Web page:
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E-cigs the easy way out

  • Written by Dennis F. Fetalino
  • Published in Opinion
  • Read: 215

Ped xing

Having a hard time slaying the stubborn beast in the toxic mist?

Lay down your lethal weapons and try this non-conventional, non-traditional approach.

E-cigarettes have taken over as the method of choice for UK smokers wanting to quit their deadly habit.

And as e-cigarettes become more popular, the success rate for smokers quitting is rising to new heights.

It is notoriously difficult for smokers to go “cold turkey” and public health authorities in the UK have been encouraging smokers to try e-cigarettes as an easier alternative. Vaping, says Public Health England (and many other UK public health and medical authorities), is at least 95 percent safer than smoking but enables users to continue to use nicotine without the dangers that come from burning tobacco.

Statistics just released by PHE show that 40 percent (1,027,000) of the 2.5 million smokers who tried to quit in 2015 did so with assistance of e-cigarettes, making them clearly the most popular means of getting away from cigarettes. That is more than three times as many as those using a local stop smoking service and 30 percent more than those using nicotine gum or patches.

Half a million smokers succeeded in quitting in 2015, hailed by PHE as the highest recorded success rate ever.
   
“E-cigarettes, which many smokers find helpful for quitting, are now regulated to assure their safety and quality,” said Dr. Gina Radford, Deputy Chief Medical Officer.
   
Factasia.org co-founder Heneage Mitchell said the UK's example is one that should be followed by every country wanting improvements in public health.
   
“The fact that a coalition of 13 peak British public health organizations now actually encourage the use of nicotine-containing e-cigarettes, coupled with appropriate regulation of their safety and quality, should make it obvious to public health authorities and government in the Philippines that vaping with similar regulation and availability should be approved as a means of getting consumers away from smoking,” said Mr. Mitchell.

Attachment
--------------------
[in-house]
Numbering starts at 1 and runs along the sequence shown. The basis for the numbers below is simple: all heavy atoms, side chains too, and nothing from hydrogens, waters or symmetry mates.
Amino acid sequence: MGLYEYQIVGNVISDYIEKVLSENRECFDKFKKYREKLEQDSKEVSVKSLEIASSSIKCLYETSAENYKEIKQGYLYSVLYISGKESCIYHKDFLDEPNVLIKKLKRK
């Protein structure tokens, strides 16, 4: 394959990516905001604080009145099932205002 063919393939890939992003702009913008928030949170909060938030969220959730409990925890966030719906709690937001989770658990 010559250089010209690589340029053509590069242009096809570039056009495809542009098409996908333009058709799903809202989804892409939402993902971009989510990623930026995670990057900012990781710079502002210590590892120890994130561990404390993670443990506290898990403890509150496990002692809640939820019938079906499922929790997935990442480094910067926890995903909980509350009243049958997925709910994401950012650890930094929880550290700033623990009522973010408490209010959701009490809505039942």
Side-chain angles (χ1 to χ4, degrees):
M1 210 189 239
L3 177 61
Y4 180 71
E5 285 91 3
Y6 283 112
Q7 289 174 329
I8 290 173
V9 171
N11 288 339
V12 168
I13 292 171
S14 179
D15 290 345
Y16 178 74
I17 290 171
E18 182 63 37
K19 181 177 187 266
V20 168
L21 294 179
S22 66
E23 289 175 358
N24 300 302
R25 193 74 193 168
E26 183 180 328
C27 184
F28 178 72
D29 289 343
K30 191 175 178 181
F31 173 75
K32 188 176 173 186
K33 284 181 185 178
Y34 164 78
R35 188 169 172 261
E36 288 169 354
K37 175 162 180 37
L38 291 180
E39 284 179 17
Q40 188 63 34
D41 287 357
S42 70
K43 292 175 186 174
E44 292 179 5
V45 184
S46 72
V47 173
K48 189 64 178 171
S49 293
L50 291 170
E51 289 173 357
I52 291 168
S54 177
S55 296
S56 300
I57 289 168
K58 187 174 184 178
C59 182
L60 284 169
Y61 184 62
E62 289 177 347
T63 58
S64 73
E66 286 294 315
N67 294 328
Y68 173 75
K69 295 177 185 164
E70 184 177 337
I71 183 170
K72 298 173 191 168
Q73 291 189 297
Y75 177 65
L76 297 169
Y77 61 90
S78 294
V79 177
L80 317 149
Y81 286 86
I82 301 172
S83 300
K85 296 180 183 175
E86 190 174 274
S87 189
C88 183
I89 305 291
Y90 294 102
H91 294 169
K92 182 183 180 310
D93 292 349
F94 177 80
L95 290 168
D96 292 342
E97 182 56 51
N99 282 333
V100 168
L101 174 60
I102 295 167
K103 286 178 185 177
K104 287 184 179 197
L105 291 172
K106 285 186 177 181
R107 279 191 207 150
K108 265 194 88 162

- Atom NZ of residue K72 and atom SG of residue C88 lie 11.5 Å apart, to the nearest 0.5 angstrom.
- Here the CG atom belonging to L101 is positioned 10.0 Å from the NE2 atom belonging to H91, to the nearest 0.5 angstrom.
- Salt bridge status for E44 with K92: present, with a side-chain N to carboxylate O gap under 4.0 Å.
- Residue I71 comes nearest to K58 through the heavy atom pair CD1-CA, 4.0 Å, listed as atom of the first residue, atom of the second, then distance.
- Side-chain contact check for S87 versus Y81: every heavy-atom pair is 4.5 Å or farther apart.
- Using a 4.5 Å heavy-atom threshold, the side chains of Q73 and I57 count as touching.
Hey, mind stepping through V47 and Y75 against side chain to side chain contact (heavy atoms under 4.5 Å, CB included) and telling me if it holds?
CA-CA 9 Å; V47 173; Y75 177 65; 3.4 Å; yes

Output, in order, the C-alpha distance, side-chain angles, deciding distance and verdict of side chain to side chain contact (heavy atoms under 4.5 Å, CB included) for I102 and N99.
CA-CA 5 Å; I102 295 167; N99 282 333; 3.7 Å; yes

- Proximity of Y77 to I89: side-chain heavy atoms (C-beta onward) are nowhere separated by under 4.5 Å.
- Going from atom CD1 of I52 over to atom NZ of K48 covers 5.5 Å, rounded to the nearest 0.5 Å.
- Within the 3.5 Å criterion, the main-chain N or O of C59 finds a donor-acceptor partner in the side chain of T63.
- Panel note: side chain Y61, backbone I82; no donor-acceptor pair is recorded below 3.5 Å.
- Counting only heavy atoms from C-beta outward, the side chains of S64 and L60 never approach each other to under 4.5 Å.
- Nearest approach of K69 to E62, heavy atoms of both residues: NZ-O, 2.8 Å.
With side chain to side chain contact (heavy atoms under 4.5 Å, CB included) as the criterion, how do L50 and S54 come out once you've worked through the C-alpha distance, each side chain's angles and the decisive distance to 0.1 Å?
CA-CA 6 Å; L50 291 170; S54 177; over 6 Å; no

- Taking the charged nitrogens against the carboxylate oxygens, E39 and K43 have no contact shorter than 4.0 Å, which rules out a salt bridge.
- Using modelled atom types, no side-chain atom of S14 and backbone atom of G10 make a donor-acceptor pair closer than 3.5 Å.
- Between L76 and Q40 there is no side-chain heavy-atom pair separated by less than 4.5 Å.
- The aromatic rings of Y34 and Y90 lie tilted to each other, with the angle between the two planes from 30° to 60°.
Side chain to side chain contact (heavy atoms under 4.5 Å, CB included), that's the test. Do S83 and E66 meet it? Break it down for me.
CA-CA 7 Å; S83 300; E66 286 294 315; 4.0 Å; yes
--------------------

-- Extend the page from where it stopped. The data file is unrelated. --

Dialysis and water conservation
   
Can you get by on one liter a day?
   
That is, one liter of all fluids you consume in 24 hours.
   
This would be a nightmare for beer drinkers like my kumpareng Adlai, who is probably already brazing for the October fest season next month.
   
Believe it or not, this is the quota for the total fluid intake of dialysis patients like Ped Xing.
   
Conservation Champion and Environment and Natural Resources Sec. Gina Lopez, however would be happy to know we are doing  part, modest as it may seem, to save precious water.

The one liter limit, by the way, is the totality of all fluid intake – water, juices, coffee, soft drinks, soups, gravies, sauces, and, yes, even the extracts of watery fruits.
     
To be sure, water is not a major problem in this country – at least not yet in crisis proportions.
   
It has long been predicted that future wars would be fought over water or more precisely the lack of it.
   
Because of population explosion and global warming water supply is running short.
   
Natural aquifers are fast drying up as many countries are tapping sea water for desalinization to make them potable.
   
Here at home, Maynilad is drawing water from filthy Laguna de Bay.
   
And so what are we to do? Save water of course.
   
About 10,000 new patients start dialysis every year. In fact, the National Kidney and Transplant Institute – the referral center of kidney patients from regional hospitals – serves an average of 34,000 dialysis sessions yearly.
   
This means if they religiously follow the liquidity cutbacks; they could potentially save  10,000 litters a day or 360,000 liters  a year.
   
How’s that for conservation?
   
Hopefully the water we save would hopefully be provided to communities which have none or are in short supply.
   
This made me think deeper about the whole exercise.
   
Minimalist consumption is the key to survival.
   
Israel proved this.  The Jewish state made the desert bloom through “drip irrigation”, a farming system that used very little water but had a maximum impact on plant growth and crop yield.

But that’s for the land, the desert.
   
For people let’s call it “drip hydration”, using very little water to maintain body liquidity levels.
   
Dialysis also reminds me of the old Central Bank Operation to mop up

“excess liquidity” or too much cash in circulation.
   
Dialysis also works broadly the same ways it sucks out toxins and excess water from patients.Both processes leave the financial system and the human body, respectively, less bloated.
   
Behold Gods glory and seek His mercy.
   
Pause and pray, people.